Recipes

We have cuneiform recipes from Assyria and Babylonia, and some poems which describe disgusting parodies of fine dining. Armies included cooks and bakers, and generals brought couches and fine drinking vessels and other things for the civilized life.

  • Yale Culinary Texts: Jean Bottéro, Textes culinaires mésopotamiens / Mesopotamian culinary texts (Winona Lake, IN: Eisenbrauns, 1995)

… Persian royal banquet in one of the collections of miscellaneous anecdotes (and the modern banquets inspired by it! Elizabeth Dusinberry tried one) …
Polyaenus IV.3.32 = Kuhrt, The Persian Empire, no. 12.D.39/pages 604-607
Athenaeus IV.26 = Kuhrt, The Persian Empire no. 12.D.42/pages 610-611
R.B. Stevenson, Persica: Greek Writing about Persia in the Fourth Century BC (Edinburgh 1997) pp. 144-152

Wouter F. M. Henkelman, “Consumed Before the King, the Table of Darius,” in Der Achämenidenhof = The Achaemenid Court, Classica et Orientalia 2 (Wiesbaden, 2010), pp. 676–697
News & Notes issue 237 Eating in the Ancient Near East

There are also some Near Eastern cookbooks from the 10th century onwards. These are closer in time to us than to the armies at Plataea, but they are before the Columbian Exchange which transformed diets across Eurasia. Barbara Santich points out that salt, coriander, and cumin which are available in the Meditteranean were already the basic spices in Apicius’ cookbook in the first century CE (The Original Mediterranean Cuisine p. 19, 31). And cumin is one of the many Semitic words in classical Greek.

  • ‘Anahita’, Some Extant Medieval Near and Middle Eastern Cookbooks
  • The (13th century CE) Kitâb al Tabîkh: translated as A.J. Arberry, “A Baghdad Cookery Book” (Islamic Culture 13 [1939] pp. 21-47, 184-214): reprinted by Prospect Books 2001 in Medieval Arab Cookery) and Charles Perry, A Baghdad Cookery Book Petits Propos Culinaires 79, (Prospect Books, 2005)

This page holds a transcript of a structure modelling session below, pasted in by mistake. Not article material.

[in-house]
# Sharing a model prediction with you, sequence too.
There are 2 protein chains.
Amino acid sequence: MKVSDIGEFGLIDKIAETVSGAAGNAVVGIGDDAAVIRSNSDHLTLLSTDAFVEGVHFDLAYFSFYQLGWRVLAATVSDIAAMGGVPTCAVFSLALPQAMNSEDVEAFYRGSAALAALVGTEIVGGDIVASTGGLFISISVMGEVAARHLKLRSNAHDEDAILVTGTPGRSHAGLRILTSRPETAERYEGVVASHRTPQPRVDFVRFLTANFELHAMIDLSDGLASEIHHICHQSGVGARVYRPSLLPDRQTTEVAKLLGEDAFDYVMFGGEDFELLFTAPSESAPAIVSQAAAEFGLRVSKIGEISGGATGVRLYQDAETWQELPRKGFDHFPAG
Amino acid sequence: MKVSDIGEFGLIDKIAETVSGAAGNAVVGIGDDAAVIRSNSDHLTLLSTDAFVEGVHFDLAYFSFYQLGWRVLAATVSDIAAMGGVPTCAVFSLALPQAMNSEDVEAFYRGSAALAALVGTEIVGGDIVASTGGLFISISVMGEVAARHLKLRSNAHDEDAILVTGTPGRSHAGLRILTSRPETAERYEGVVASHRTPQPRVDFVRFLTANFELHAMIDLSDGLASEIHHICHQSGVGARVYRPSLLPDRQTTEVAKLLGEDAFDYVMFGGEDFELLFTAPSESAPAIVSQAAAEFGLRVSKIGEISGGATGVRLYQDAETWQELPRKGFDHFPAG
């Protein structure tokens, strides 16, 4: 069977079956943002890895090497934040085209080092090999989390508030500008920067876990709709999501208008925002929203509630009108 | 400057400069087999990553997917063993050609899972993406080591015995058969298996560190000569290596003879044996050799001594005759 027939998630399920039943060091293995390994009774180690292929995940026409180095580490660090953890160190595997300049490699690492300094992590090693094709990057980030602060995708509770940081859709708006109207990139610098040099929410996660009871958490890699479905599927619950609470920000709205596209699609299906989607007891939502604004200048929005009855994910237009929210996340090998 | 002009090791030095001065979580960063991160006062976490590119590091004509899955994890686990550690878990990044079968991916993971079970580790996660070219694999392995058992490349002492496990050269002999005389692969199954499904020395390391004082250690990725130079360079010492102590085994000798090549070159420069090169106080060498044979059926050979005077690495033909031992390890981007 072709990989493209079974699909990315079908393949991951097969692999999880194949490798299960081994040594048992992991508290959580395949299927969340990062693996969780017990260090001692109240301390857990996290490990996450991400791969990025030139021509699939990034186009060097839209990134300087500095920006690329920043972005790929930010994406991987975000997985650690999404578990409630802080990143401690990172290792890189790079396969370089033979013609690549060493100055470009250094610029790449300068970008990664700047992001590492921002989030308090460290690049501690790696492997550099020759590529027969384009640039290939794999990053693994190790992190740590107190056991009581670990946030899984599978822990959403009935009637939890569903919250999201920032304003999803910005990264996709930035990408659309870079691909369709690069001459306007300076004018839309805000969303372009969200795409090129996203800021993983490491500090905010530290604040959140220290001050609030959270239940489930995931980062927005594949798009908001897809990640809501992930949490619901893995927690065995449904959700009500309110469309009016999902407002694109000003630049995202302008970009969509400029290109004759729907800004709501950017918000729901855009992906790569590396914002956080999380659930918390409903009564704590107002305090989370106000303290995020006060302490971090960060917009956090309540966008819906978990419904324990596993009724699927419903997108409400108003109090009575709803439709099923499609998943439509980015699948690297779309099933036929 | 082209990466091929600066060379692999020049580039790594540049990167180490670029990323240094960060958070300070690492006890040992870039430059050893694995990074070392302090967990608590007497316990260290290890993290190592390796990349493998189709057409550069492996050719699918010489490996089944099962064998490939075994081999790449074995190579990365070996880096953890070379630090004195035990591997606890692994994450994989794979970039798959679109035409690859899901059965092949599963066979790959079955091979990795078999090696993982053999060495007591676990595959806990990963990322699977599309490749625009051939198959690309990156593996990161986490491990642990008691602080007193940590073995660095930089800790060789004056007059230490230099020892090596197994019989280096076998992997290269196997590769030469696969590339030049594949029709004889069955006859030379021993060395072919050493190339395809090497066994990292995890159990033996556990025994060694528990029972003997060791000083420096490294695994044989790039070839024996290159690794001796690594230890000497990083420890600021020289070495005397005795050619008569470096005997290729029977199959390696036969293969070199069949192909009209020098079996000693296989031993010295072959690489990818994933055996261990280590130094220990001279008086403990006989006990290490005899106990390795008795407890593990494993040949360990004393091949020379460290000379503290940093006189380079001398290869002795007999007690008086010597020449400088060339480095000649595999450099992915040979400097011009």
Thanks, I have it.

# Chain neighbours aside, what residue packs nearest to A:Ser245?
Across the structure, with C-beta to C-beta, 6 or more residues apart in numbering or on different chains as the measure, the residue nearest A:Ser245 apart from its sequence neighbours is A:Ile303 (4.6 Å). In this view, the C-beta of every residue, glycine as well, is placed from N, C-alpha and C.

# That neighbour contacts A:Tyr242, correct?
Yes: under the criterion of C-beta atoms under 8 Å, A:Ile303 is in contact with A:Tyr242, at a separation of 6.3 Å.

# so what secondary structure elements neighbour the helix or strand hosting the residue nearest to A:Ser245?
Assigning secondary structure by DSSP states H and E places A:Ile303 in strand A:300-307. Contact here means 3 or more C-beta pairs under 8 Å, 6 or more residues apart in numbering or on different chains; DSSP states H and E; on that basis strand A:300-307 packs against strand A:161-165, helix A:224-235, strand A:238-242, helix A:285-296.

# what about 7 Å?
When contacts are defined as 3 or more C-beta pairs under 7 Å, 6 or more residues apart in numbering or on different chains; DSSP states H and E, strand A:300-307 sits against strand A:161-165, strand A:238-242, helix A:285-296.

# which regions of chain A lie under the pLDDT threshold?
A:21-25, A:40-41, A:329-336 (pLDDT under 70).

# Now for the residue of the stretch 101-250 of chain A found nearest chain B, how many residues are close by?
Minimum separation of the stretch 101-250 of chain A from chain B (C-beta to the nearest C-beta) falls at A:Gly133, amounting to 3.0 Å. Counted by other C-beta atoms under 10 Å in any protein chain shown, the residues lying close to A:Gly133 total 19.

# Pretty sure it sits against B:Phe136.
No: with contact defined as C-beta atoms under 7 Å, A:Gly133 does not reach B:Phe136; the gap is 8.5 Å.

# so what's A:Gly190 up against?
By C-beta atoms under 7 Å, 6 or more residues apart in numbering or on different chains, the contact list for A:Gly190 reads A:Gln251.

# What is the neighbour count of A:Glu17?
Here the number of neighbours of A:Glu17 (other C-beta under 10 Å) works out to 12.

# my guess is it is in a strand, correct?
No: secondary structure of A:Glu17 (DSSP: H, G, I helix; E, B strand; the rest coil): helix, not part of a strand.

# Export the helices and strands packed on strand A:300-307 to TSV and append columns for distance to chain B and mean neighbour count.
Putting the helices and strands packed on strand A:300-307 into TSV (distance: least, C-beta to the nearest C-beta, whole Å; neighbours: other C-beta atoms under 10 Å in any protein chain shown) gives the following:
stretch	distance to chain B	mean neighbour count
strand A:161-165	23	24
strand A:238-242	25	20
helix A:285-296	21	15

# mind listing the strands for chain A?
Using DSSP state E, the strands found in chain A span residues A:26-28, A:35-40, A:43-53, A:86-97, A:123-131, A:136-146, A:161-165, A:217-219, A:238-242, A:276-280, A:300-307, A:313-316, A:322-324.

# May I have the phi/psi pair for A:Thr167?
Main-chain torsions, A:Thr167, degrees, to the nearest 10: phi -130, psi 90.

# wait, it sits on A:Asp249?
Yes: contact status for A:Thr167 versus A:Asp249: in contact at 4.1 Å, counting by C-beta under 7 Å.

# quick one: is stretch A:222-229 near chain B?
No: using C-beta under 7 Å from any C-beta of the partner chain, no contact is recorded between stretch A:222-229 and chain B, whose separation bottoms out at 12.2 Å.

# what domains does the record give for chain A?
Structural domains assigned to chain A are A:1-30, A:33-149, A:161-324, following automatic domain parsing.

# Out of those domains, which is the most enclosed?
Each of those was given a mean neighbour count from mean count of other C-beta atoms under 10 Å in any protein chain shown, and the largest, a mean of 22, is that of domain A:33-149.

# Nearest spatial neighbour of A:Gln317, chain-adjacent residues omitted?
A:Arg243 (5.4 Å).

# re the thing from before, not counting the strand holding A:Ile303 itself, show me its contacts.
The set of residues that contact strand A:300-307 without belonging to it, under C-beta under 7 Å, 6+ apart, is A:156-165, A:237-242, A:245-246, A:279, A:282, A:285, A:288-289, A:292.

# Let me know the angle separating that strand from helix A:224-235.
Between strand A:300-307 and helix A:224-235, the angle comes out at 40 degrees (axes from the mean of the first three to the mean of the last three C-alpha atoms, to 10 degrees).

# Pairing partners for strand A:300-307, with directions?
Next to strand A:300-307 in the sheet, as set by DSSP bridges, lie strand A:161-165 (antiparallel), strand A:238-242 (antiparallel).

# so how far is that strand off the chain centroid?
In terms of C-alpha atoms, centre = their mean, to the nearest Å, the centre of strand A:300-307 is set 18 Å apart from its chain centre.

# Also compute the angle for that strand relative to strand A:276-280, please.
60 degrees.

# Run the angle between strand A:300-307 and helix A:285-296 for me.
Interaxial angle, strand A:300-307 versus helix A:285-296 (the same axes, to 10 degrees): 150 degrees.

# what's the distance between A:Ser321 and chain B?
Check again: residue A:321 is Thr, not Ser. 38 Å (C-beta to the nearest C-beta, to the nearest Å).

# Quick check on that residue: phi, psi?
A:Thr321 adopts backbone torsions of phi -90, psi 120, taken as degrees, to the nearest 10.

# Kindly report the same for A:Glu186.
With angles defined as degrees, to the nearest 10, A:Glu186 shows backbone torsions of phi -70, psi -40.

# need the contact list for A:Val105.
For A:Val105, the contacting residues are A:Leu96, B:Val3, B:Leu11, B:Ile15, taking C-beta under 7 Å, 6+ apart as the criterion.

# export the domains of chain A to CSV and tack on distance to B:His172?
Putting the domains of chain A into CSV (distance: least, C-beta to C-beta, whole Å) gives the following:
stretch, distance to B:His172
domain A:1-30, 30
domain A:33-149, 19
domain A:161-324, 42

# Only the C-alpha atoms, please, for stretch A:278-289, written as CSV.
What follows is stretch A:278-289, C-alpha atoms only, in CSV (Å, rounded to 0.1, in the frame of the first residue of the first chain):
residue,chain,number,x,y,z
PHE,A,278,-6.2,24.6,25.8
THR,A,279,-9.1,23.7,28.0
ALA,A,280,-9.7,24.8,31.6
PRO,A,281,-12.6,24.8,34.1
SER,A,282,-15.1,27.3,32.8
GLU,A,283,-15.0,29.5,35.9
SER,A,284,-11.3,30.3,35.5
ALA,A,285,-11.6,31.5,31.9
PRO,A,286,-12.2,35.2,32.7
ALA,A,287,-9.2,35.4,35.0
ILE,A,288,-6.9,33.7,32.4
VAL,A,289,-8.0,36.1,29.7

• David Friedman and Elizabeth Cook, How to Milk an Almond, Stuff an Egg, And Armor a Turnip: A Thousand Years of Recipes (self-published PDF, 2011) http://www.daviddfriedman.com/Medieval/To_Milk_an_Almond.pdf {some recipes from the Baghdad cookery book, Apicius, and a 6th century CE writer plus practical advice on interpretation}

Talking to your Syrian, Iraqi, and Afghan friends might not be a bad idea! They and their parents and grandparents know modern cuisine and modern dietary laws, but fat-tailed sheep are still fat-tailed sheep.

For Greek food, you might start with histories of medieval cooking such as Barbara Santich’s The Original Mediterranean Cuisine as well as Courtesans and Fish-Cakes. The medievalists tell you which parts of the cuisine in 13th century and later manuscripts seem to reflect Arab influence, the others might be a place to start reconstructing Iron Age habits. Its possible that livestock were not butchered and divided into different kinds of meat, just slaughtered, cleaned, and cut into portions to be given out at random.

… E.J. Kennedy, The Plowman’s Lunch: Moretum, A Poem Ascribed to Virgil (Bristol Classical Press: Bristol, 1984)
Apicius
Daniel Potts, “On Salt and Salt Gathering in Ancient Mesopotamia,” Journal of the Economic and Social History of the Orient, Vol. 27, No. 3 (1984), pp. 225-271
Theophrastus Historia Plantarum 7-9 on greens, spices, and seasonings available in Aristotle’s day: …

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